Rosie Sykes’ budget recipes with raspberries
When baked, this top-drawer summer berry takes on a lovely floral note that you’ll not be able to get enough of
Raspberries are a top-drawer summer fruit that are at their best (and cheapest) between June and October. Part of the rose family, they have a fragrant, bittersweet flavour and soft texture, with the crunch of the pips right at the end. (My very clever ice-cream-making friend Kitty Travers even makes a delicious, refreshing summer drink from the pips that she sieves out of her raspberry creations.) They can, of course, be eaten raw with cream, and work well in a multitude of puddings, but they’re also fantastic in baking, because, when cooked, they take on a lovely floral note. Frozen raspberries are good value and readily available all year round, and will work just as well in most recipes.
This is one of my most-baked recipes. It's versatile, too, so you can change the fruit to almost anything you fancy; use gluten-free flour, if need be, and a nut or vegetable oil or a plant-based spread to make it vegan. I like a slice with a cup of tea, or reheated and served warm with cream or custard for a quick pudding; they’re also handy for taking to the park.
Prep 5 minCook 50 minServes 8-10
180g butter 200g oats200g flour150g soft light brown sugar100g flaked almonds, or any other nut or seed of your choice and/or to suit your budget250g raspberries
Heat the oven to 190C (170C fan)/375F/gas 5, and melt the butter in a 25cm x 30cm baking tin.
Mix the oats, flour and sugar in a bowl, make a well in the centre, then pour in the melted butter and mix until it all comes together. Line the baking tin with greaseproof paper, then press in two-thirds of the oat mixture – make sure you push it down well, so it holds together like pastry. Bake for about 15 minutes, until golden.
In the meantime, mix the almonds into the remaining oat mixture. Once the base is cooked, strew the raspberries over the top, push them down a bit with a fork, then scatter over the remaining oat mixture and spread it out to cover – it's OK if the odd raspberry peeps out here and there.
Bake for another 20-25 minutes, until the top is golden and the raspberries soft. Remove, transfer the tin to a wire rack and leave to cool. Once it's completely cold, lift the cake out of the tin and cut into squares – it will keep in a sealed container for three to four days.
Poke cake, an American invention of the 1960s to promote jello sales, is a brilliant way to combine several flavours. A simple cake is "poked" with a spoon handle to create holes into which another flavour is poured and eventually infuses the cake. Coconut, raspberry and lime are an especially happy trinity. To make this vegan, replace the milk with a plant-based alternative.
Prep 10 minCook 1 hrServes 8
For the cake120g desiccated coconut, plus 1 tbsp extra for the icing200ml tinned coconut milk100ml whole milk (or a plant-based alternative)Juice of ½ lime300g self-raising flour250g caster sugar75ml oil
For the ‘poke’200g raspberries1 tbsp sugar
For the icingJuice and finely grated zest of ½ lime 15ml tinned coconut milk100g icing sugar
Heat the oven to 190C (170C fan)/375F/gas 5, and line a 900g loaf tin or 20cm square or round tin with greaseproof paper. While the oven is heating up, put the extra tablespoon of desiccated coconut for the icing in a small oven dish and toast in the oven – keep a careful eye on it, though, because it will change colour quite quickly. Once golden, mix the toasted coconut with the grated lime zest and set aside.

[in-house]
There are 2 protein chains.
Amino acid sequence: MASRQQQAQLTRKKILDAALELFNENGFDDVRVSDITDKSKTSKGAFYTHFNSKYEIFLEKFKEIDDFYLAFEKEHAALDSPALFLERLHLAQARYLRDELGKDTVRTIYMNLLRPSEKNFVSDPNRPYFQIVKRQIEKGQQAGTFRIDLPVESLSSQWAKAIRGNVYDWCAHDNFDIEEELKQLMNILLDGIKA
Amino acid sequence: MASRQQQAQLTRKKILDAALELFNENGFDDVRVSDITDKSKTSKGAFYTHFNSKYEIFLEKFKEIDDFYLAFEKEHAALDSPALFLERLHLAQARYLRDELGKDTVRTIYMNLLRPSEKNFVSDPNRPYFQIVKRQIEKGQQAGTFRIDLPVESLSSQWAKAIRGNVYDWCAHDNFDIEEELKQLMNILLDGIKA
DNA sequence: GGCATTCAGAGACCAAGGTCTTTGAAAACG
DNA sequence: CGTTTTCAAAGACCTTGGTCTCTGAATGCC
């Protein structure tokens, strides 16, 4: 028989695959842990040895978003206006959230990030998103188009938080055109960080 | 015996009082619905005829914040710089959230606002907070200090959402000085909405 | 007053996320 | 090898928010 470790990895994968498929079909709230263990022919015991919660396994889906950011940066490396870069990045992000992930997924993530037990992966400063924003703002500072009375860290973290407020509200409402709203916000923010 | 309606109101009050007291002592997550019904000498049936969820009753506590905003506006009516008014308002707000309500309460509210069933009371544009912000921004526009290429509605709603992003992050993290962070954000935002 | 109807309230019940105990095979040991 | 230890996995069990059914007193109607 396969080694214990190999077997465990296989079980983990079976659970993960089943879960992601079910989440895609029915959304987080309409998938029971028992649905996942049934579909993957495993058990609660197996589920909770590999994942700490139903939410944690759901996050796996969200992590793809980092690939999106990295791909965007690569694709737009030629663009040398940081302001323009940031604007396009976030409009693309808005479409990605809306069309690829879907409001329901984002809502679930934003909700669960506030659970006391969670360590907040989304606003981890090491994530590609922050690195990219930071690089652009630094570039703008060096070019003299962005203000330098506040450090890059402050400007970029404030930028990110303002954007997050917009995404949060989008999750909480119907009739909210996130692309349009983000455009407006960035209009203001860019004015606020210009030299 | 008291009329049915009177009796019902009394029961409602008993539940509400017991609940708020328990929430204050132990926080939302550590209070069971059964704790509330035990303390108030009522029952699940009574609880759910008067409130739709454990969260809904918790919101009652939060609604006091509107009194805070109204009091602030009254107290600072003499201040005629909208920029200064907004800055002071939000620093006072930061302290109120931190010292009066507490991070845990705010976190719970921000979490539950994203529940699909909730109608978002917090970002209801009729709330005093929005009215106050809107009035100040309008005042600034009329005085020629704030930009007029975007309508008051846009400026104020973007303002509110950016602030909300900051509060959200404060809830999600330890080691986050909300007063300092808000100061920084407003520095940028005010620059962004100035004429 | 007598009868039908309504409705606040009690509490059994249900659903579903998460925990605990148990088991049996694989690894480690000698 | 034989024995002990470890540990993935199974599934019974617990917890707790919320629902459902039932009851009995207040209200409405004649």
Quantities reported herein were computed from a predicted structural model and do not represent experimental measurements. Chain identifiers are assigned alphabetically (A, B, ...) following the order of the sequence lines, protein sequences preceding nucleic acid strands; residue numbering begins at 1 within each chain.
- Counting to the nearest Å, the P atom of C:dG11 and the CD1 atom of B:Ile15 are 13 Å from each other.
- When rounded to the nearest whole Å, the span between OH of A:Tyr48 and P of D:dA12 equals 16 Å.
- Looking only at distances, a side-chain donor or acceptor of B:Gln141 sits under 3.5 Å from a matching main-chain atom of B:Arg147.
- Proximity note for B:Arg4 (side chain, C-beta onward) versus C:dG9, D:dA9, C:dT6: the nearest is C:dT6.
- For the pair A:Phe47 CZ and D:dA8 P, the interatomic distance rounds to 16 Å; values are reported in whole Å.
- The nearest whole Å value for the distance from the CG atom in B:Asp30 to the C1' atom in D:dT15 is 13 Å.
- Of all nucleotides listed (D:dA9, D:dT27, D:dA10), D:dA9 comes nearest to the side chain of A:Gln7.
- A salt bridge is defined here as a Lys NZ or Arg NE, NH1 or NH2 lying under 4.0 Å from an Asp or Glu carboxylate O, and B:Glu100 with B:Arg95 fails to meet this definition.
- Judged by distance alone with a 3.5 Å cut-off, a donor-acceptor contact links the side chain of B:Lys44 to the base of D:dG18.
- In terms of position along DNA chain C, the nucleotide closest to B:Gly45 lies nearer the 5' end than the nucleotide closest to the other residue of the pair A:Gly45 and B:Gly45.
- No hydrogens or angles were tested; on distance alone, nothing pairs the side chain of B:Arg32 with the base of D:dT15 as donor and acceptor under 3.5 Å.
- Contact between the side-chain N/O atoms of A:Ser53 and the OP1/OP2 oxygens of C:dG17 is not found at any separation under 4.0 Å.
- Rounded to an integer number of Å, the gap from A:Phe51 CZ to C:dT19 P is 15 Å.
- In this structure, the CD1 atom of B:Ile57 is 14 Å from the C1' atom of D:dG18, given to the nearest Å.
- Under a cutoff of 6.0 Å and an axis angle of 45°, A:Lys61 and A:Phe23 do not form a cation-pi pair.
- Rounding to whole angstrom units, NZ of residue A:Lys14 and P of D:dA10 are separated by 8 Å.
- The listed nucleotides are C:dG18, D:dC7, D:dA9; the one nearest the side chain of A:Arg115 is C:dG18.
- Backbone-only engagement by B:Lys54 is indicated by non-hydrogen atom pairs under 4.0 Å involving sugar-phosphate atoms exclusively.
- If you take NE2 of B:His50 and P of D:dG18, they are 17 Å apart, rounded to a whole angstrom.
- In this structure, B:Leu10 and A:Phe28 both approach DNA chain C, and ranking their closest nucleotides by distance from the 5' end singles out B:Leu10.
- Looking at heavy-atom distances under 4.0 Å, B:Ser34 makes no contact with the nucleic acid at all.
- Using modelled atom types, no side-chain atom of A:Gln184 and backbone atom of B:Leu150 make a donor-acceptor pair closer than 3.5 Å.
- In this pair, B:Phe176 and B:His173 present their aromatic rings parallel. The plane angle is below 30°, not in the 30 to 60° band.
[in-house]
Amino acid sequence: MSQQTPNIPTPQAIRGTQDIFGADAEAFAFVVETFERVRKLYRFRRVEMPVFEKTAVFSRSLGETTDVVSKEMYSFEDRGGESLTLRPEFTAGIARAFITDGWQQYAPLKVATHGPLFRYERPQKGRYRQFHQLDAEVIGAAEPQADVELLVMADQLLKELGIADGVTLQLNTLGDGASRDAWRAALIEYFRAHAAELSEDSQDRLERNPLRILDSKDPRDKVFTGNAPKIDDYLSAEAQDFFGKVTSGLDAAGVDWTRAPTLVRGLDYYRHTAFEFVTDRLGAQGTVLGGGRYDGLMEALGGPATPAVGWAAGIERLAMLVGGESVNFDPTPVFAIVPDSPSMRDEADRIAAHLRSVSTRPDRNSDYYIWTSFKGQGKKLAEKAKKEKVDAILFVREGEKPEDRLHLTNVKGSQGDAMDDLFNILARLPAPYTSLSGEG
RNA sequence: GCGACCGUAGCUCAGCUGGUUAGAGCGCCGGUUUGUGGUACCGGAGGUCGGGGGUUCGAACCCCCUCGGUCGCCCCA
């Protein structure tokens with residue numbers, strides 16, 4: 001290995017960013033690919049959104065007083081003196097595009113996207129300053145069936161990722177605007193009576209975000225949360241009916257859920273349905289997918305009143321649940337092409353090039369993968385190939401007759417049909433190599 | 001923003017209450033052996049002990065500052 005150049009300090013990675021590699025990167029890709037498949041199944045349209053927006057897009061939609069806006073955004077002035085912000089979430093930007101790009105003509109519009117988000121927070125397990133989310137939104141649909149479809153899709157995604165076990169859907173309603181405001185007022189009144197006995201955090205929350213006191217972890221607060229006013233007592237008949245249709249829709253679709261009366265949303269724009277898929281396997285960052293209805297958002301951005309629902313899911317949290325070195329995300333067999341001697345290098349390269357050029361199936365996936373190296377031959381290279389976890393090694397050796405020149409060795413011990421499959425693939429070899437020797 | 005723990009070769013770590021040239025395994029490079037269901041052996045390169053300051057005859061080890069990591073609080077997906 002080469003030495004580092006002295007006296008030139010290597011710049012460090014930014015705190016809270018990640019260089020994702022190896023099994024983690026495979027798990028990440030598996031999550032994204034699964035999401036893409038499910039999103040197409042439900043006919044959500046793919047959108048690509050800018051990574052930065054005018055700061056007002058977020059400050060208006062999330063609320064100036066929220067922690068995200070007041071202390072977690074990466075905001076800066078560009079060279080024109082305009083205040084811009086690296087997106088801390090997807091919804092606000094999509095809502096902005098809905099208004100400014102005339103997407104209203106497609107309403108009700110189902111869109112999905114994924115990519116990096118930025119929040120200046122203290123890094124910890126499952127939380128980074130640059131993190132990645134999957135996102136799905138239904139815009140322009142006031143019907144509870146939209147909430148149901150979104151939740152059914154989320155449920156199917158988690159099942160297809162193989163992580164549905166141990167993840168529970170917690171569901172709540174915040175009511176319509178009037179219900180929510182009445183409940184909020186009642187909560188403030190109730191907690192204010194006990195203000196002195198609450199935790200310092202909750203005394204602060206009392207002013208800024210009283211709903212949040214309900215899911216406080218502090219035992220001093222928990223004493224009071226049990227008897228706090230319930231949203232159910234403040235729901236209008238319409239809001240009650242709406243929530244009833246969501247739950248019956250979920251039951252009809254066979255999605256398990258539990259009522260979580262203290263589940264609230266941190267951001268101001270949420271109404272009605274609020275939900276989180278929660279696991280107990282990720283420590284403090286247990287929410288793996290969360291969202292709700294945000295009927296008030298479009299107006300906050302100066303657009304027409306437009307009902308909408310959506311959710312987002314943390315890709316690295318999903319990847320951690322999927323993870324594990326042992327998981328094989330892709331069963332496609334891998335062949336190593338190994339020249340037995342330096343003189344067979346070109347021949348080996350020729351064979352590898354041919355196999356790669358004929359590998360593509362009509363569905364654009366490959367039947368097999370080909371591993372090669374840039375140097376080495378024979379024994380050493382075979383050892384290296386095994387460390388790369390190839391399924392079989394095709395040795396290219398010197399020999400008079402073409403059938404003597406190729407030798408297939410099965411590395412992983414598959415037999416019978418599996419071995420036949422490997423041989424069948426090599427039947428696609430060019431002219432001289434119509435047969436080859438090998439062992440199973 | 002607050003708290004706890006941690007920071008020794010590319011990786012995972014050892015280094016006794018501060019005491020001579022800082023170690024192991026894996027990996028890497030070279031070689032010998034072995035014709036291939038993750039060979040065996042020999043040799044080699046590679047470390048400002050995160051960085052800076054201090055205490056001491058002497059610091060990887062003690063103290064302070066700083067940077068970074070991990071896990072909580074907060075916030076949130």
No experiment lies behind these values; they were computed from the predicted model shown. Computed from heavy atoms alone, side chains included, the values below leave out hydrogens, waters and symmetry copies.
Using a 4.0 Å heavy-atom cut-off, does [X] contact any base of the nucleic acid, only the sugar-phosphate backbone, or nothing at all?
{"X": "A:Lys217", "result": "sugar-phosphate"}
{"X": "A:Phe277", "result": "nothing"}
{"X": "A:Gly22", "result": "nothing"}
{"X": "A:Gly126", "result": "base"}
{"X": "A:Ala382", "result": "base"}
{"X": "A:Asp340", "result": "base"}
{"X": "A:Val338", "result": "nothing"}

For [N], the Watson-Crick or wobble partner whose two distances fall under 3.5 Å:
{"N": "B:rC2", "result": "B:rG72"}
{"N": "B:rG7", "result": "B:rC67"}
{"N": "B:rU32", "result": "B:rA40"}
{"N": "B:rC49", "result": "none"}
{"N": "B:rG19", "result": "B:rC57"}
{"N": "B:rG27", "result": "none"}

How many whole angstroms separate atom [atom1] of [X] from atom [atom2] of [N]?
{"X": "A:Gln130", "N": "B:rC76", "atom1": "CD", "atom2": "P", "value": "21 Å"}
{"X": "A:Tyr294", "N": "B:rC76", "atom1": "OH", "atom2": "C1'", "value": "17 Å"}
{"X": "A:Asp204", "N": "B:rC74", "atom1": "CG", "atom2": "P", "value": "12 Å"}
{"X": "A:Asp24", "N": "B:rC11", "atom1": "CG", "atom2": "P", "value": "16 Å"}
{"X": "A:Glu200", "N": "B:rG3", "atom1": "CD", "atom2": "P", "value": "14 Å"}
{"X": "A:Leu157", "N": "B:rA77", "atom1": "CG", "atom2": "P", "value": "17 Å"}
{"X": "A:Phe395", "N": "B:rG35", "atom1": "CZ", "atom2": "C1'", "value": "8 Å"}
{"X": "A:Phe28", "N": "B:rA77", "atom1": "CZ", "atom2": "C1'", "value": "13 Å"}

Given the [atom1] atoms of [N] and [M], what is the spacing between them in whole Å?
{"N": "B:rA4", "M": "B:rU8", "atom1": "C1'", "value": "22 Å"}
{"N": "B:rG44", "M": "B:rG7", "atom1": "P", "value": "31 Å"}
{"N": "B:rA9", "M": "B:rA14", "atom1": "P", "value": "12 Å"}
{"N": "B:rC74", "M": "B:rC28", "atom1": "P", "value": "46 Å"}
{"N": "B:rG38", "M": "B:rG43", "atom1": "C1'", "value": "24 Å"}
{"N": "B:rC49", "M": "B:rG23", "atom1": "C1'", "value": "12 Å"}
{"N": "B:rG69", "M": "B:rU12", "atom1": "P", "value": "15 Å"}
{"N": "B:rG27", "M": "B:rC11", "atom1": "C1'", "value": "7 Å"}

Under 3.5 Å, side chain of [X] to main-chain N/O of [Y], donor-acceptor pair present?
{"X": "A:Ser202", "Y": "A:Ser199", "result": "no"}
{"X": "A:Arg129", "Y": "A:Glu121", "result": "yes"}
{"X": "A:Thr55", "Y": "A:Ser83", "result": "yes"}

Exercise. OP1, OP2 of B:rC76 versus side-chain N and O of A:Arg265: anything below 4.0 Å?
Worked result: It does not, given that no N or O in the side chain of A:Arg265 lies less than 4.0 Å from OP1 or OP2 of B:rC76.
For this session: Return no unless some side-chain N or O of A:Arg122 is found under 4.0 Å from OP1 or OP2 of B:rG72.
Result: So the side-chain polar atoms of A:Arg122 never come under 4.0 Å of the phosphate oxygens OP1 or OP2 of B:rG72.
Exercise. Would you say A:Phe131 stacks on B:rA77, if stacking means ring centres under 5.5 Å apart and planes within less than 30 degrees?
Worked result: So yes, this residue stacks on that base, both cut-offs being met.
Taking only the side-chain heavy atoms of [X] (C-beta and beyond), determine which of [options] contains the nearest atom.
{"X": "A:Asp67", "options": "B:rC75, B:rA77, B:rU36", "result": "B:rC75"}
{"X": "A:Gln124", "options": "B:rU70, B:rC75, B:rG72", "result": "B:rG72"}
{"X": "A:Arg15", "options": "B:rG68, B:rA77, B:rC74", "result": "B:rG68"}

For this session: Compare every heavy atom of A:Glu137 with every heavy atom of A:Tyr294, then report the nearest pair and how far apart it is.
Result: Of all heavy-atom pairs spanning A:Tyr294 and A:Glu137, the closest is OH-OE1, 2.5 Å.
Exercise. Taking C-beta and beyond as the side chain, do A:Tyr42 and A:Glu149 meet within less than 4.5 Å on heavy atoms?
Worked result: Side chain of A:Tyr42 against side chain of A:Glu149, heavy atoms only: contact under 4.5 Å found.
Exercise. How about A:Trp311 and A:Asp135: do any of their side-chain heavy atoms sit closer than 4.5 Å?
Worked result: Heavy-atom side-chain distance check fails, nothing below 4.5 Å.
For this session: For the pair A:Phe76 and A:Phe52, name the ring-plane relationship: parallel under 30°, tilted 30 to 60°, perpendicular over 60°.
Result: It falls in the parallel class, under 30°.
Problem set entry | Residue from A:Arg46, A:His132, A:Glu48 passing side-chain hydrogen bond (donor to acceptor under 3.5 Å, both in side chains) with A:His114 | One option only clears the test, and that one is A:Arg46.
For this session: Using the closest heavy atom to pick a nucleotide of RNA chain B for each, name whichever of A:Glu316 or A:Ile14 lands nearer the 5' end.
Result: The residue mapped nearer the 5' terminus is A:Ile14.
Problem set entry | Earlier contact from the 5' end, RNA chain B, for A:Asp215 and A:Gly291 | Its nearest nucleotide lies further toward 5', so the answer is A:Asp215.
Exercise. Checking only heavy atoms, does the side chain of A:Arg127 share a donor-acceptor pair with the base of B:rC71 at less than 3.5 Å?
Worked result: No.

Shake the coconut milk thoroughly in its tin, measure 200ml into a bowl and whisk in the whole milk and lime juice – it will thicken slightly.
Whisk the flour, 120g desiccated coconut and caster sugar in a large bowl to get rid of any lumps and to introduce some air. Mix the oil into the coconut milk mixture. Make a well in the centre of the dry ingredients, then pour in the wet and fold in to combine – don't overmix. Pour the batter into the lined tin and bake for about 45 minutes, until a skewer or toothpick comes out clean.
While the cake is cooking, make the raspberry poke: put the raspberries, sugar and a couple tablespoons of water in a small pan, cover and cook until the berries collapse and their consistency is like a runny jam. Take off the heat and leave to cool.
When the cake is baked, transfer the tin to a rack and, once it's cooled, prod it all over with the handle of a wooden spoon so it goes halfway through the cake. Pour the raspberry mix evenly over the cake, spreading it out so it goes into all the holes, then leave to sit until it's all been absorbed.
Meanwhile, make the icing: put 15ml coconut milk and the juice of half a lime in a bowl, whisk until the mixture thickens a little, then stir in the icing sugar bit by bit, until the icing takes on a thick, drizzling consistency. Lift the cooled cake out of its tin, zigzag the icing over the top, so the raspberries are still visible, and finish with a scattering of lime zest and the toasted coconut.
Rosie Sykes is a chef and food writer. Her next book, Every Last Bite: 70 Recipes to Save Time, Money and Resources, will be published by Quadrille next year.5 min 50 min 8-10 180g butter 200g oats200g flour150g soft light brown sugar100g flaked almonds 250g raspberries 10 min 1 hr 8 120g desiccated coconut 200ml tinned coconut milk100ml whole milk Juice of ½ lime300g self-raising flour250g caster sugar75ml oil 200g raspberries1 tbsp sugar Juice and finely grated zest of ½ lime 15ml tinned coconut milk100g icing sugar